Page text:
Should anglers keep more fish?
The buzz around the state this week revolves around comments made by representatives of the Utah Division of Wildlife Resources (UDWR) that reflect a desire for anglers to keep more fish on many Utah waters to “improve” the fisheries and help grow larger fish.
Several officials of the UDWR have told me in conversation (in the past couple of years) that their theory is that too many anglers are releasing all the fish they catch which leads to overpopulation and “stunting.” Let’s take a look at this problem and open a discussion to see how you, the reader, feels about this ongoing concern.
Catch-and-release angling is in part caused by too many fishing regulations. Back in the 1960s, my dad taught me to release the great majority of the fish we caught because we fished Strawberry Reservoir several times each week during the summers and caught a lot of fish. The limit back then was 8 fish per person per day, and there were also limits on how many fish you could have in your possession, including in your home freezer and still are, by the way). Our family loved to eat fish, but even we couldn’t eat all the fish we caught so my parents bottled some of our fish for the winter. We were careful never to have more fish on hand than the regulations allowed, and we were actually checked one time by the UDWR based on a radio host sharing our family’s recipe for bottling trout. We were, however, well within our limits.
We had a choice back then: stay home and not go to the lake, or go to the lake but be very picky as to which fish we kept and which we released. I’ve had nearly 50 years of training in putting back fish rather than taking them home. Now I release over 99 percent of the fish I catch.
I guess I’m part of the problem.
However, much like the exploding numbers of state statutes and city ordinances controlling everything from the kind of vehicles we drive to what we can plant in our front yards, fishing regulations are confusing, frustrating and, quite frankly, inadequate. I have preached for years that every angler should carry a proclamation on each fishing trip to stay out of harm’s way. I used to be able to pass a stream, decide to throw a line in for a few minutes and move on. Now if I don’t have my proclamation it is nearly impossible to know if I am “legally” fishing on small streams, especially near and around Strawberry, Scofield, Utah Lake and even Flaming Gorge.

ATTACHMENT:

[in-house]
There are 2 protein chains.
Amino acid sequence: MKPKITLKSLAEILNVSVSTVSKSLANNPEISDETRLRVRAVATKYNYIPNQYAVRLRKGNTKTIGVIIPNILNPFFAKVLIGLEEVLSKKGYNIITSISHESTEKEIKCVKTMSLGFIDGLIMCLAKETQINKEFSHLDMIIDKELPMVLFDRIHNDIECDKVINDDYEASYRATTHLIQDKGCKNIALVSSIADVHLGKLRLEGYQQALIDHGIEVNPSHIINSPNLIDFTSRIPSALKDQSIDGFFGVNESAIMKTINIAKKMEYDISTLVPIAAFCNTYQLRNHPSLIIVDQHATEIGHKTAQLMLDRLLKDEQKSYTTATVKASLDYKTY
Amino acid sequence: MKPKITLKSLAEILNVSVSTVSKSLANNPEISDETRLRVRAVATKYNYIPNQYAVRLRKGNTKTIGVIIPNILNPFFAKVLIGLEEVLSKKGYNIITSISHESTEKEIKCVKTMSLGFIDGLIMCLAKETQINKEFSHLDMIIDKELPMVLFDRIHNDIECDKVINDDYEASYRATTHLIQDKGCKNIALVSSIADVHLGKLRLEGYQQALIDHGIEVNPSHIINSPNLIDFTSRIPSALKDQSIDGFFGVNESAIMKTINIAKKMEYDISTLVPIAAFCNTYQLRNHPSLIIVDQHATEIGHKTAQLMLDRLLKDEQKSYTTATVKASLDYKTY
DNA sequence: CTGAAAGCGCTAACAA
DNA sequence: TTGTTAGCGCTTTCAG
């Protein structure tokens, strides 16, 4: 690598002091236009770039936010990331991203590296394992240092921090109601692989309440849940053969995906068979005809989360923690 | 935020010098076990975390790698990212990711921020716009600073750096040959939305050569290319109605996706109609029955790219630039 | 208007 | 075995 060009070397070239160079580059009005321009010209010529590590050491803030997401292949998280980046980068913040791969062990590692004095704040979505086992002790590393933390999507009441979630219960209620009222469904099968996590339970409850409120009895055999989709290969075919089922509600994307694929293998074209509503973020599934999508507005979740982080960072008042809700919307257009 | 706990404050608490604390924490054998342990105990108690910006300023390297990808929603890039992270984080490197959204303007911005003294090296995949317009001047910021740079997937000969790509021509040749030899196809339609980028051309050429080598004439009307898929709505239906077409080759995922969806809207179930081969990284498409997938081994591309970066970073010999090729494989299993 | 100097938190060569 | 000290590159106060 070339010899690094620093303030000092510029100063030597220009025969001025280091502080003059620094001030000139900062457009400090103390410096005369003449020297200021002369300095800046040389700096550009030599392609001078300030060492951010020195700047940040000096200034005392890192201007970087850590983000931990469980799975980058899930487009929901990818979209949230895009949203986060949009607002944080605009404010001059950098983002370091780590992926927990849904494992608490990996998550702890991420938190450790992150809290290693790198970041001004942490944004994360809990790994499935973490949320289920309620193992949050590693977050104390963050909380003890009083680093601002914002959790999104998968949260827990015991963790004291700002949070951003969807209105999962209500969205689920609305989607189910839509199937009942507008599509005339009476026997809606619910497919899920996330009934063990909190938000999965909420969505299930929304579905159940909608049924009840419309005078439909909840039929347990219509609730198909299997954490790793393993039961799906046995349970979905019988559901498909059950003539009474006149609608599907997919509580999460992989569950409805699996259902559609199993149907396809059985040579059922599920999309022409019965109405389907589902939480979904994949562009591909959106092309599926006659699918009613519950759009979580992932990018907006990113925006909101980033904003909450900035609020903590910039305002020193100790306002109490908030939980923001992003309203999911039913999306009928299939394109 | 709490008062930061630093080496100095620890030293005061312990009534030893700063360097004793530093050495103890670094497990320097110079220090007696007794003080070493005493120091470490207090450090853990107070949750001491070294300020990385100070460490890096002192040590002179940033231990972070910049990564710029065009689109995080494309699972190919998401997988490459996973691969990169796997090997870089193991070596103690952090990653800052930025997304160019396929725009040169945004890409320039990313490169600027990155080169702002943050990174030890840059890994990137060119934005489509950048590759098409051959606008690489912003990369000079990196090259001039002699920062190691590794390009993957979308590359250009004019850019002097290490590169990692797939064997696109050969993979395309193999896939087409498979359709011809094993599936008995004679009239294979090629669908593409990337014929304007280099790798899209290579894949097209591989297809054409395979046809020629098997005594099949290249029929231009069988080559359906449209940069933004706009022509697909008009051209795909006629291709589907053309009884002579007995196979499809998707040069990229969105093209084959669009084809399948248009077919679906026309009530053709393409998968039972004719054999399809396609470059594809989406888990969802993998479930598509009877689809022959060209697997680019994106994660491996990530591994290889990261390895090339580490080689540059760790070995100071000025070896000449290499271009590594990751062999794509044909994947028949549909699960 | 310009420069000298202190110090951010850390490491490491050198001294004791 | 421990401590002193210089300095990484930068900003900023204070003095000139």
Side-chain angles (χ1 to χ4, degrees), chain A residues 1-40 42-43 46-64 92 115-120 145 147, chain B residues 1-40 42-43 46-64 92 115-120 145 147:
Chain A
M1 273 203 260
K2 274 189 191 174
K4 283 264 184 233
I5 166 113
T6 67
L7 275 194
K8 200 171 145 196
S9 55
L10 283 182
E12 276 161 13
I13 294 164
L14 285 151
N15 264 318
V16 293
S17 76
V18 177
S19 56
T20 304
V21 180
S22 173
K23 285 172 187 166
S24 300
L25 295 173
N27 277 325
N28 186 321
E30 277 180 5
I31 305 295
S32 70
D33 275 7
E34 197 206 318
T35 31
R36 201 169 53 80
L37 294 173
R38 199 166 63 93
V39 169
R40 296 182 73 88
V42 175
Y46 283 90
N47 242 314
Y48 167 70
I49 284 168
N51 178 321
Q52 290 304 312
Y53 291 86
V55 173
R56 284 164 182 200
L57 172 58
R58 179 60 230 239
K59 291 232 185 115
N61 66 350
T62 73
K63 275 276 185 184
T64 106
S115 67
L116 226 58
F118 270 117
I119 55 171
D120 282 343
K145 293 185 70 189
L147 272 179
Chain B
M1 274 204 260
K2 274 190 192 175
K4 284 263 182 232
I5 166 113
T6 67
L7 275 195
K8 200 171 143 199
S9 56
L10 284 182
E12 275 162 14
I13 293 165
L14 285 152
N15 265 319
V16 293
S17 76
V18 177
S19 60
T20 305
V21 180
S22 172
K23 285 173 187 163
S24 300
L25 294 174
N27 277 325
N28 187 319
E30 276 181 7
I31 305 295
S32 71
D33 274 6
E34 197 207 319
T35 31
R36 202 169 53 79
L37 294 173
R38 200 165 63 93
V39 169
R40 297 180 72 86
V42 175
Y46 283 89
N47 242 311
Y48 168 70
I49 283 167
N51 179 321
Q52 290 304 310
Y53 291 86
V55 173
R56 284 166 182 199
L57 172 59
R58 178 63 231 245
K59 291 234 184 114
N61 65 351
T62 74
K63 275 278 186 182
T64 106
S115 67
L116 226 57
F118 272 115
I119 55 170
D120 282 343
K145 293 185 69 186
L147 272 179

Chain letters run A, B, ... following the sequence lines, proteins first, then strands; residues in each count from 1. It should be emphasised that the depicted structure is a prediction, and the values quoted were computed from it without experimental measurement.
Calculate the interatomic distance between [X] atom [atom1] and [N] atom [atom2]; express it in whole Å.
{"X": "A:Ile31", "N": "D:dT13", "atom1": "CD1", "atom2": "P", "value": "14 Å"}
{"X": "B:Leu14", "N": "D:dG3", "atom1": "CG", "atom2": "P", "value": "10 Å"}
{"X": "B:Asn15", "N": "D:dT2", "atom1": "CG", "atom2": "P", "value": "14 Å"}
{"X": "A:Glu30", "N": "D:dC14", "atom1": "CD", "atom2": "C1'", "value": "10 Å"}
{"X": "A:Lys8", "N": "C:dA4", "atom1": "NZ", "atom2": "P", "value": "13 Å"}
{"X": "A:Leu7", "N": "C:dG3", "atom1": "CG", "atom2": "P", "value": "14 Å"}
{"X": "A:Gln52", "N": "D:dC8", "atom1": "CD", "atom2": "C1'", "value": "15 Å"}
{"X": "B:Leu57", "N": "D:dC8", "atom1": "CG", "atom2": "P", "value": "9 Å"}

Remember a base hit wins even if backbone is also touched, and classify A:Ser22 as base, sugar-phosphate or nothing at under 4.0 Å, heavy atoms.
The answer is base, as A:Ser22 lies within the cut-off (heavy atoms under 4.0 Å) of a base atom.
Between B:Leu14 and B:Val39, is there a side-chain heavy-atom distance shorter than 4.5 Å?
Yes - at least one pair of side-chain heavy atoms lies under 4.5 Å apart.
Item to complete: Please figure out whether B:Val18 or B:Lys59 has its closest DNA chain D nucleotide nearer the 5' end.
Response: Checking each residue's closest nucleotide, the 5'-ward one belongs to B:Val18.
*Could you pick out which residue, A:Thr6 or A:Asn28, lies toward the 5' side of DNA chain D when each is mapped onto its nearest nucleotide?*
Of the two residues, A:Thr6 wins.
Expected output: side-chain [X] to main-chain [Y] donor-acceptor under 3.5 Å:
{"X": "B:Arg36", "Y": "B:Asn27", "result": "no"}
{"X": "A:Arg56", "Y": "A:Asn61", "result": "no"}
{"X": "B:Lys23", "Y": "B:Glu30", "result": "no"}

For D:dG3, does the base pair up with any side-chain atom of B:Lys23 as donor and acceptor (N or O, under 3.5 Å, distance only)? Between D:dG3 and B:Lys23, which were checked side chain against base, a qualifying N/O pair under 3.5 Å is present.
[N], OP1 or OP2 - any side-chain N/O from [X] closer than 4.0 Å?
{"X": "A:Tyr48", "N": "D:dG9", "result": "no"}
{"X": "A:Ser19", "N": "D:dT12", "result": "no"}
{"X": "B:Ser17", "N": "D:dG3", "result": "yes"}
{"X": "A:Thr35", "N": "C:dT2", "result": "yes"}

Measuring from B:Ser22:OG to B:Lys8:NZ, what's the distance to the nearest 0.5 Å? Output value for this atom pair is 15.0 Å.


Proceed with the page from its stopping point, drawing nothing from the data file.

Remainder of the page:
For me, it has been much safer to release the fish and not have to worry about whether the tail or head is still attached or whether or not I can identify the species. Added to that, I love to fish for warm-water species like large and smallmouth bass which have no stocking programs in our state, and therefore must rely entirely on natural reproduction to replace the fish taken from the reservoirs.
Here are a few questions I’d like to throw out and would love to hear how you feel:
1. Do you keep more fish than you release? What is the percentage?
2. Do you feel comfortable with fishing regulations as they stand today?
3. Do you worry about eating fish due to consumption warnings of lead, mercury or other toxins in the fish?
4. Are you catching more fish or fewer fish now as compared to a decade ago?
5. Should the UDWR increase the limit on certain species of fish in Utah?
Please take a look at these questions and email me at firstname.lastname@example.org with a response to all or part of them. We need to be proactive in our approach to fisheries management and this just might be a start down that path.